Barton does not choose to replicate the subjects or styles of the cave artists but sees a relevance to modern abstraction in certain elements of their paintings--such as spattered dots, which she thinks might suggest their response to their clear view of the stars. "In making my own marks and surfaces," says Barton, "I likely was motivated quite differently than the Paleolithic art makers. I was reaching back to the wonder and joy I felt first in mark making and painting as a child, when my scribbles brought me joy." In responding to the Paleolithic artists, Barton ponders their motivations, asking why they drew and painted human-animal hybrids, asking whether their art might have been part of a sacred ritual, or might have been fueled by hallucinogens as some scholars have suggested.
I’m interested in history, nature, and humanity and what lies beneath the surface of what is immediately visible," says Barton. "Oil and cold wax medium allow me to create multiple layers of texture with palette knives, rubber squeegees, and a variety of household tools such as basting brushes, rubber jar openers, plastic combs, pastry blenders. and coffee sleeves." She adds that she paints abstractly and intuitively, building up many layers of paint mixed with cold wax, creating a complex and nuanced surface. "I reveal some of what came before by incising and scraping back areas of the painting, allowing each piece to tell its own story."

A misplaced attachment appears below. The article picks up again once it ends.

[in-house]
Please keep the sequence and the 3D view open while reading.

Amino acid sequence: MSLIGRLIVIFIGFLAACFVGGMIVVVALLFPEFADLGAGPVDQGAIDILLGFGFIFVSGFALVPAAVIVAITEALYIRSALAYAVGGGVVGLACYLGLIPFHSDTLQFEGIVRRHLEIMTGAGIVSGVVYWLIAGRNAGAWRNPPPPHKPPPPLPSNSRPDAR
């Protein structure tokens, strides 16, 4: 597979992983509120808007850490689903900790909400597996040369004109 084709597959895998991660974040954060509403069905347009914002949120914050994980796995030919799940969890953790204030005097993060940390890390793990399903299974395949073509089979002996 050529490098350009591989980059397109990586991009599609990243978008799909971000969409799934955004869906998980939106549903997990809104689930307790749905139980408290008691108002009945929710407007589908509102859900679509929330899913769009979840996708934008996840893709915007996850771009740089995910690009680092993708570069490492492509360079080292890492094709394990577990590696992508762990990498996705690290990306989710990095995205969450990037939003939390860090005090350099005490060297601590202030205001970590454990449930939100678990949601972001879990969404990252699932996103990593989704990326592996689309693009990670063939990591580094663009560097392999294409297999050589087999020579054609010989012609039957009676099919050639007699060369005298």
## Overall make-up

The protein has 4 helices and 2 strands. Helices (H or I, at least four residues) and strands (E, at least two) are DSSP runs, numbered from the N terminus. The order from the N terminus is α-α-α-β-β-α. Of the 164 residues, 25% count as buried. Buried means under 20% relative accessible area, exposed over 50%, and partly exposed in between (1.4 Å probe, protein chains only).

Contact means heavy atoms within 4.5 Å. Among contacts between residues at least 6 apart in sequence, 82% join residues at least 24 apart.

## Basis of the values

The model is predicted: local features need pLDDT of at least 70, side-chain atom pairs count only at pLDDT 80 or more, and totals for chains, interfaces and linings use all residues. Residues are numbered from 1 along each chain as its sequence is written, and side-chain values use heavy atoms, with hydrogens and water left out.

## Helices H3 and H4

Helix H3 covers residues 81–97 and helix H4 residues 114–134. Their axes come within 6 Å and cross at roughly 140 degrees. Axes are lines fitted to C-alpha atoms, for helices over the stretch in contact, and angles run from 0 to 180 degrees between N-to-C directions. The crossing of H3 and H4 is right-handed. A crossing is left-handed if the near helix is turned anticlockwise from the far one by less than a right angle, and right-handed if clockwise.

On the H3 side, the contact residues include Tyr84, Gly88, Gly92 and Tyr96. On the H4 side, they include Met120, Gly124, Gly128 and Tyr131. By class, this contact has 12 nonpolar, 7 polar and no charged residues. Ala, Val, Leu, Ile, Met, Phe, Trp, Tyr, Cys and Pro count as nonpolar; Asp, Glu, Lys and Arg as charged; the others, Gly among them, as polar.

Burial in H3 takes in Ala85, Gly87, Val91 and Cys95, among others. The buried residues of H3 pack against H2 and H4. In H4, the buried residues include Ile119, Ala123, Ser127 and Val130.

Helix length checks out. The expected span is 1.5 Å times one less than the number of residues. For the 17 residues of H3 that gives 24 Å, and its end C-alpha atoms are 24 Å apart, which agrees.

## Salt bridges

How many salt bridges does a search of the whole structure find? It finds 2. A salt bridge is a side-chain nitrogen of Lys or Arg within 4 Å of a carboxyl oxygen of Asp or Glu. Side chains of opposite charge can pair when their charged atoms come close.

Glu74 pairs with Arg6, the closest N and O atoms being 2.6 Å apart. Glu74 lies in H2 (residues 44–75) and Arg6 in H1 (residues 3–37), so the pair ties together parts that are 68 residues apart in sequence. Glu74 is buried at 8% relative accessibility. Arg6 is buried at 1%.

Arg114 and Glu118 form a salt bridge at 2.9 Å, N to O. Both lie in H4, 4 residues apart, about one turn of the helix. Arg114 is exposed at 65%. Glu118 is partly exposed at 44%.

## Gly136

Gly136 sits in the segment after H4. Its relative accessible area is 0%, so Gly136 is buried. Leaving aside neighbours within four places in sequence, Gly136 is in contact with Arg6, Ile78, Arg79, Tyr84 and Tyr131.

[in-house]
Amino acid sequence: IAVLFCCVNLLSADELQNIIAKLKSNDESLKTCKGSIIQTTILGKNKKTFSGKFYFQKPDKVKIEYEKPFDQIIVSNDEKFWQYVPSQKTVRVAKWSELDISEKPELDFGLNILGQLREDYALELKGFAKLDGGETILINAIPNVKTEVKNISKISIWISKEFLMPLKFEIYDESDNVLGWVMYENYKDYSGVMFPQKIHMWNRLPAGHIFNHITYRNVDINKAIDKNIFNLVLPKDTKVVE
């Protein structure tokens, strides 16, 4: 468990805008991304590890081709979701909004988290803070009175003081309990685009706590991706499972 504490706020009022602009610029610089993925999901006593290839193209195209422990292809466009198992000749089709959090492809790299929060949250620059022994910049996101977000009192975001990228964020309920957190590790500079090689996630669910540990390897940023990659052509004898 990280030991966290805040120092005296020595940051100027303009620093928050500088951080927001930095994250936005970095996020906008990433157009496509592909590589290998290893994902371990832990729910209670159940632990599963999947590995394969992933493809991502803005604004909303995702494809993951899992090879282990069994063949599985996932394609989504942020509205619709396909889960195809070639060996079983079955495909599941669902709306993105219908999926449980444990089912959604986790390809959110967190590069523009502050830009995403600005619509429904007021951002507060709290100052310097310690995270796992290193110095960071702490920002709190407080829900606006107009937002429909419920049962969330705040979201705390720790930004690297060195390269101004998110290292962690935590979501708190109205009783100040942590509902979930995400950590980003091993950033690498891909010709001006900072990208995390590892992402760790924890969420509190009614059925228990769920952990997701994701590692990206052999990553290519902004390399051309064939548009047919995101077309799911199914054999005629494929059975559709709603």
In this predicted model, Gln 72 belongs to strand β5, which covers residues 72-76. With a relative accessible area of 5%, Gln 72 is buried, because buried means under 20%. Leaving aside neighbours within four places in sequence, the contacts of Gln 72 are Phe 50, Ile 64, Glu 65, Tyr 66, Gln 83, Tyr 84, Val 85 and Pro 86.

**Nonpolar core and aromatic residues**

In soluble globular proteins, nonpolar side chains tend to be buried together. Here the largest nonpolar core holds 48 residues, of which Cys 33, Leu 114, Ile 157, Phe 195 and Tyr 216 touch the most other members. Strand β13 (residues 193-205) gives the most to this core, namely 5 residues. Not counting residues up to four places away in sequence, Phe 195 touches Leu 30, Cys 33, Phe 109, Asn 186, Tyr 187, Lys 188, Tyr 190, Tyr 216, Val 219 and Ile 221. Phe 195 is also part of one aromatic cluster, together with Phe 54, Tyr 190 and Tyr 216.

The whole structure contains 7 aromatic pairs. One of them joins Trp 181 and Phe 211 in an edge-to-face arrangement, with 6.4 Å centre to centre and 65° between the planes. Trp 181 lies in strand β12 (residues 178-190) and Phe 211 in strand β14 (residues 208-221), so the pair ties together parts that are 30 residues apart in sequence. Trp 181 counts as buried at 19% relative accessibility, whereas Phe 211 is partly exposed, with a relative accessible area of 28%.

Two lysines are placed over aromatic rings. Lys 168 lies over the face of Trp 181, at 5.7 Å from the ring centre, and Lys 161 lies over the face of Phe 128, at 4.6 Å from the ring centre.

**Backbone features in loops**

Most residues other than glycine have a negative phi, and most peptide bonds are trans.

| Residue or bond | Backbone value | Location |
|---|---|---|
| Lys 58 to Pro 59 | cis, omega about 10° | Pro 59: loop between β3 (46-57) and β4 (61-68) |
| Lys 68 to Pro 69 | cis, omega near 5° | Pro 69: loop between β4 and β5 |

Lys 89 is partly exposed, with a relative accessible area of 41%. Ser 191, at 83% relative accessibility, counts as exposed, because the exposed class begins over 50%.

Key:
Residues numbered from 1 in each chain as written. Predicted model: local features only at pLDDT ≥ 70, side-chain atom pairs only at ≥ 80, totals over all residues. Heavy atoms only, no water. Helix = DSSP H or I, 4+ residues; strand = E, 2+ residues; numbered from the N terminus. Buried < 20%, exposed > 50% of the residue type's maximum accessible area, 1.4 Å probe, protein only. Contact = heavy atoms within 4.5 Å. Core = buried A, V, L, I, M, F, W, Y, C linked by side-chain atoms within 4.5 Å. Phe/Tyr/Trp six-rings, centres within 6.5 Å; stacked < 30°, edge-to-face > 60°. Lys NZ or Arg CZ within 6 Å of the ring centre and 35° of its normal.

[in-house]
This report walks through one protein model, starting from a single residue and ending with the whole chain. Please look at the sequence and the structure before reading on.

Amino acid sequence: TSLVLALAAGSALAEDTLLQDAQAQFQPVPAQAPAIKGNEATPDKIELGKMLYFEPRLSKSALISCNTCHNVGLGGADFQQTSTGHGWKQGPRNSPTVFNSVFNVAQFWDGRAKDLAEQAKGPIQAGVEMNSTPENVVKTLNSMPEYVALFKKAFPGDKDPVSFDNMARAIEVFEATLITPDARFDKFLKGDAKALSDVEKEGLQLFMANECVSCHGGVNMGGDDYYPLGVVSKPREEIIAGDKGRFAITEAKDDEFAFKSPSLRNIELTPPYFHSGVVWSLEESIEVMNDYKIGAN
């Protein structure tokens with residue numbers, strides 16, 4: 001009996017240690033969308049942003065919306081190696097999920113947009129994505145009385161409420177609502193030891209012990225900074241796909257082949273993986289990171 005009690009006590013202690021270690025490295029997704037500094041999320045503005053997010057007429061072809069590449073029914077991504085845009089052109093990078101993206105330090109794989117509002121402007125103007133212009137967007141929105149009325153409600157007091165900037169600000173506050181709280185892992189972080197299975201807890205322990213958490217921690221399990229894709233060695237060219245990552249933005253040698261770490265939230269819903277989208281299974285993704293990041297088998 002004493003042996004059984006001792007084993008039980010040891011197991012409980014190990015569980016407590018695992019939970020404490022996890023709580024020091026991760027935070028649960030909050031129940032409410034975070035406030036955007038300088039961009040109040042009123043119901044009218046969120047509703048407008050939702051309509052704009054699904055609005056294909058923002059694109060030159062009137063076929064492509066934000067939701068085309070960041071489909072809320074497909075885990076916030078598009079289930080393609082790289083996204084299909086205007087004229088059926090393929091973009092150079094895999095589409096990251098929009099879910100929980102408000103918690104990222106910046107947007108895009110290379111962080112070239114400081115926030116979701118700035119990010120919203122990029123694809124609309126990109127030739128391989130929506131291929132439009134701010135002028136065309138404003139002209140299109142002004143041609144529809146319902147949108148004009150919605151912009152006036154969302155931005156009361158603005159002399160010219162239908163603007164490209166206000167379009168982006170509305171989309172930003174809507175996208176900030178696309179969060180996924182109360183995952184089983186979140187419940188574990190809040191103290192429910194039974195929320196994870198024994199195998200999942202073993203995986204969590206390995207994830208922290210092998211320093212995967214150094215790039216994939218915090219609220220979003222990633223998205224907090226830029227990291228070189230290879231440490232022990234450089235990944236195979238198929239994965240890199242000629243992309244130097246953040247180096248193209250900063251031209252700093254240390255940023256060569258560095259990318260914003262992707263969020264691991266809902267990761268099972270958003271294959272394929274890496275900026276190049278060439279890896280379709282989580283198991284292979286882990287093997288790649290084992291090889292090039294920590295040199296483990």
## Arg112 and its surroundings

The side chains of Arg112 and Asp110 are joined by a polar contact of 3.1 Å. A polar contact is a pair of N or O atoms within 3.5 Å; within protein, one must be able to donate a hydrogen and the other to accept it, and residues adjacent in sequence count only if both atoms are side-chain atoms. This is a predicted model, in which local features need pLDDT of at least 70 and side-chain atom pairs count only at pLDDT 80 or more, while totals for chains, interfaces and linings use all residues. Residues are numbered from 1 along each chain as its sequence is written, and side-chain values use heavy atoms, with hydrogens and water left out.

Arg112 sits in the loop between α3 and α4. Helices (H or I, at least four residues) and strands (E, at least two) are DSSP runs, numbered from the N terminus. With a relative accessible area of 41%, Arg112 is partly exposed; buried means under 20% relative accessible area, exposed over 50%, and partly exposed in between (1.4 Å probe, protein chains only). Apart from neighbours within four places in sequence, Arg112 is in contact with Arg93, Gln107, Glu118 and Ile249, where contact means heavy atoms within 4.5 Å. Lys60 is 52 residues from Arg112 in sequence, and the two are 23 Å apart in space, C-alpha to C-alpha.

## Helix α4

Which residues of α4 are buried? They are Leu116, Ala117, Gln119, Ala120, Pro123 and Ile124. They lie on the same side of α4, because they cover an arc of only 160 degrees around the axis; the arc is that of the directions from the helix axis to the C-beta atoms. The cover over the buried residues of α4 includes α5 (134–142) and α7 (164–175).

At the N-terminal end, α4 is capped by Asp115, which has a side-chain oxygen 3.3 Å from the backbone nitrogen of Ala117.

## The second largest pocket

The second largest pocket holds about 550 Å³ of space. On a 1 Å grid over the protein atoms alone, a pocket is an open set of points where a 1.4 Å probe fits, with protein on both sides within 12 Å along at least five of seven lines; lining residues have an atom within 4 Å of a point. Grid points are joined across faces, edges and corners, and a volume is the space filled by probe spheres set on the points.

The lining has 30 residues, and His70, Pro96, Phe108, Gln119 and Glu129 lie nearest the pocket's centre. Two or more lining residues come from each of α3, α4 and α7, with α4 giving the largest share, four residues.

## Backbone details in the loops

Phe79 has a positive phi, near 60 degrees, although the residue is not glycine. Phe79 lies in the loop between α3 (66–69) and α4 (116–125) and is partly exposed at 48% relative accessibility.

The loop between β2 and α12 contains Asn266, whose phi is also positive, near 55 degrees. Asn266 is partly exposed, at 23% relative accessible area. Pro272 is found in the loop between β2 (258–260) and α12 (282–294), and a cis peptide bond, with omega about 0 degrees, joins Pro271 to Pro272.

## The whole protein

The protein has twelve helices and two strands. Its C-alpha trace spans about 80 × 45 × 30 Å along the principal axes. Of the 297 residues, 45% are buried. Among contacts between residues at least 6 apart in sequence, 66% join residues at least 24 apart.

Serena Barton teaches oil and cold wax painting at her studio in Portland and has taught workshops in France, Italy, and around the U.S. She also will be teaching a class in Ireland.
Both Andres and Zur, as living artists, here explore choices about how to frame the artistic legacy of their fathers in presenting their work side by side. They have asked themselves many questions along the way. Can beauty come from loss and ruin? When artists make bad work, when should it be destroyed, and who gets to decide? Who will speak on behalf of the artists in their absence? Can the artwork become a conduit for communication for those who grieve its maker?
Mark Andres (b. 1959) shares his own fragments of destroyed paintings beside those of his father, Charles Andres (1913-2008), in "The Chamber of Necessary Losses." Along with questions of legacy, preparing this exhibit has brought questions about grief and necessary losses. Quoting Goethe, Andres offers these fragments in the hope that "out of the stump of misery can come the radiant sprig."
"In Your Absence" is a "collaborative" sculptural exhibit of work by Rachael Zur (b. 1980) and her father Gary Zur (1948-1980). In the absence of her parent, Zur says the artwork must serve as a guide as she explores the precarious nature of caring for and protecting another artist's legacy..